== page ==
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A Look Inside West Virginia’s Cannabis Debate

With a medical marijuana program to implement and an adult-use legalization bill to consider, cannabis is a hot topic in the West Virginia legislature this year.

Although the state’s medical marijuana program was signed into law by then-Gov. Jim Justice in April 2017, it is uncertain if it will be implemented and functional by its July 1 start date.

“The medical program has been completely on hold,” Matt Simon, legislative analyst and New England political director for the Marijuana Policy Project (MPP) told Cannabis Business Times. This, he said, is largely due to Mike Stuart, the U.S. Attorney for the Southern District of West Virginia, who took office in January 2018 and has held an anti-cannabis stance.

“He’s really been publicly hostile, and it’s created a climate of fear that financial institutions are particularly afraid in West Virginia to be involved [in],” Simon said.

Since financial institutions informed the state treasurer’s office last year that they will not process the funds associated with the medical marijuana program, lawmakers introduced House Bill 2538 to allow the state to bid out banking contracts to institutions to handle the funds. Before the House Banking and Insurance Committee passed an edited version of the legislation at the end of January, lawmakers amended the language to protect institutions from potential legal action taken by Stuart, according to a Charleston Gazette-Mail report.

“There’s been a lot of discussion about how to fix the bill in such a way that would protect both state employees and, to the extent possible, financial institutions, and make it so the bills that passed two years ago [that legalized medical marijuana] can be finally enacted,” Simon said.

Delegate Isaac Sponaugle (D-Pendleton) put forth an amendment to the legislation which states that West Virginia will legally protect its employees against any “claims, charges, liabilities or expenses” that may arise, the Charleston Gazette-Mail said.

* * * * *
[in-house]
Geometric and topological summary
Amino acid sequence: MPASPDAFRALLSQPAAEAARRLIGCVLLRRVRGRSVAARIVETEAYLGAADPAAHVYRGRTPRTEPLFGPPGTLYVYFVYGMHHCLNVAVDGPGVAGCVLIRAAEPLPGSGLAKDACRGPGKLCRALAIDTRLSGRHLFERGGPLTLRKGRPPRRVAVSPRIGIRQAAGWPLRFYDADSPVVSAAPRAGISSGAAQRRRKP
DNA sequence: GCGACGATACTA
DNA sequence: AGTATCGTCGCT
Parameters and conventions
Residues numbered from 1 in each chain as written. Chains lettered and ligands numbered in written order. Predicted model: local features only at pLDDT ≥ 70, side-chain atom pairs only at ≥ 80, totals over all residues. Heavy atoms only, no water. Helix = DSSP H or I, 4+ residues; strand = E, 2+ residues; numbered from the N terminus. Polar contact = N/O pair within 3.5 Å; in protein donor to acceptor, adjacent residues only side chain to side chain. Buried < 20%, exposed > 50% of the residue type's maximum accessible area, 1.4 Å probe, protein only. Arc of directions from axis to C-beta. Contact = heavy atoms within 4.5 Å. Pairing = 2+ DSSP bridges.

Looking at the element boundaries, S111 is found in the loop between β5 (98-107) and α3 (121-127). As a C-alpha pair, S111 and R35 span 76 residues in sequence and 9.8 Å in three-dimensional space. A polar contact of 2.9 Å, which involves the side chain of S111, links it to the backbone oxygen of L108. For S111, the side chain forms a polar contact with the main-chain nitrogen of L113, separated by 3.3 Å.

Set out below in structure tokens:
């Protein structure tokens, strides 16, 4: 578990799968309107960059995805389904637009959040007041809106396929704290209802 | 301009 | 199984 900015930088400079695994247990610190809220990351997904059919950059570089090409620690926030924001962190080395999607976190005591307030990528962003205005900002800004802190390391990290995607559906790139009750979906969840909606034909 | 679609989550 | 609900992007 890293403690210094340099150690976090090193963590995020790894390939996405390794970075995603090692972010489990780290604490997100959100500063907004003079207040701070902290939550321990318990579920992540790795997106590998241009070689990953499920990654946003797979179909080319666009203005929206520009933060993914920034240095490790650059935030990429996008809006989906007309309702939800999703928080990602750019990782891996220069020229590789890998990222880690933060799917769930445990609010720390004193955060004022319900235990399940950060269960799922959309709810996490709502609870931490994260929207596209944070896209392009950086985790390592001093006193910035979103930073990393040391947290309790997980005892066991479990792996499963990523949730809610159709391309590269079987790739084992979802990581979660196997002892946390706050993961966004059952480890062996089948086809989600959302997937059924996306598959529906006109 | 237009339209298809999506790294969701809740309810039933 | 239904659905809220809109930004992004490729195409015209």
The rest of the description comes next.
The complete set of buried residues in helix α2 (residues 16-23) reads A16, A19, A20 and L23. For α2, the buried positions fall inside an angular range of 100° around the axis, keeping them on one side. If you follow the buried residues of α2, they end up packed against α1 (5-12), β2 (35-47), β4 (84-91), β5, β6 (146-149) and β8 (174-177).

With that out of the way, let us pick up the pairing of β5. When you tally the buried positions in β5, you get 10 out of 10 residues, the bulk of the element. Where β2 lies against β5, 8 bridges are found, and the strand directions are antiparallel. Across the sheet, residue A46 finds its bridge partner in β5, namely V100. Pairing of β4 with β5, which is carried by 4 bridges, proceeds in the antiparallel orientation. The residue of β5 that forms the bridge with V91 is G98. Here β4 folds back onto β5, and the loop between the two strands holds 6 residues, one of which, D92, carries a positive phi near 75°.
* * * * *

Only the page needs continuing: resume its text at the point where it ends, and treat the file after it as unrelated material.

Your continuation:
The House of Delegates passed the banking bill Feb. 15, and the legislation now goes to the Senate, where Simon said it is expected to pass, as well.

“The previous House Speaker [Tim Armstead] was an anti-cannabis zealot who prevented any real discussion of this, and he left office at the end of last year,” Simon said. “The new leadership is more open to actually implementing the law that was passed.”

Other legislation this session is aimed at allowing the state’s medical cannabis businesses to be vertically integrated, as well as raising the number of growers, distributors and processors permitted in the program. Another bill would allow more physicians to recommend medical cannabis, according to a Charleston Gazette-Mail report. The House Health and Human Resources Committee passed these bills at the end of February.

An adult-use legalization bill has also been introduced this session in the form of House Bill 2331, although Simon said the legislation likely will not garner enough support to pass.

The bill would decriminalize marijuana in the state and allow counties to authorize its production and sale. Cannabis would be legal for adults 21 and older, and counties would be able to levy a 5-percent sales tax.

The focus this legislative session, however, is the state’s medical marijuana law, Simon said.

“We have the medical marijuana law that’s supposed to be helping patients beginning this summer, and there’s no chance that’s going to happen on time, sadly,” he said. “Really, all the emphasis is on getting that broken law fixed and getting it implemented."

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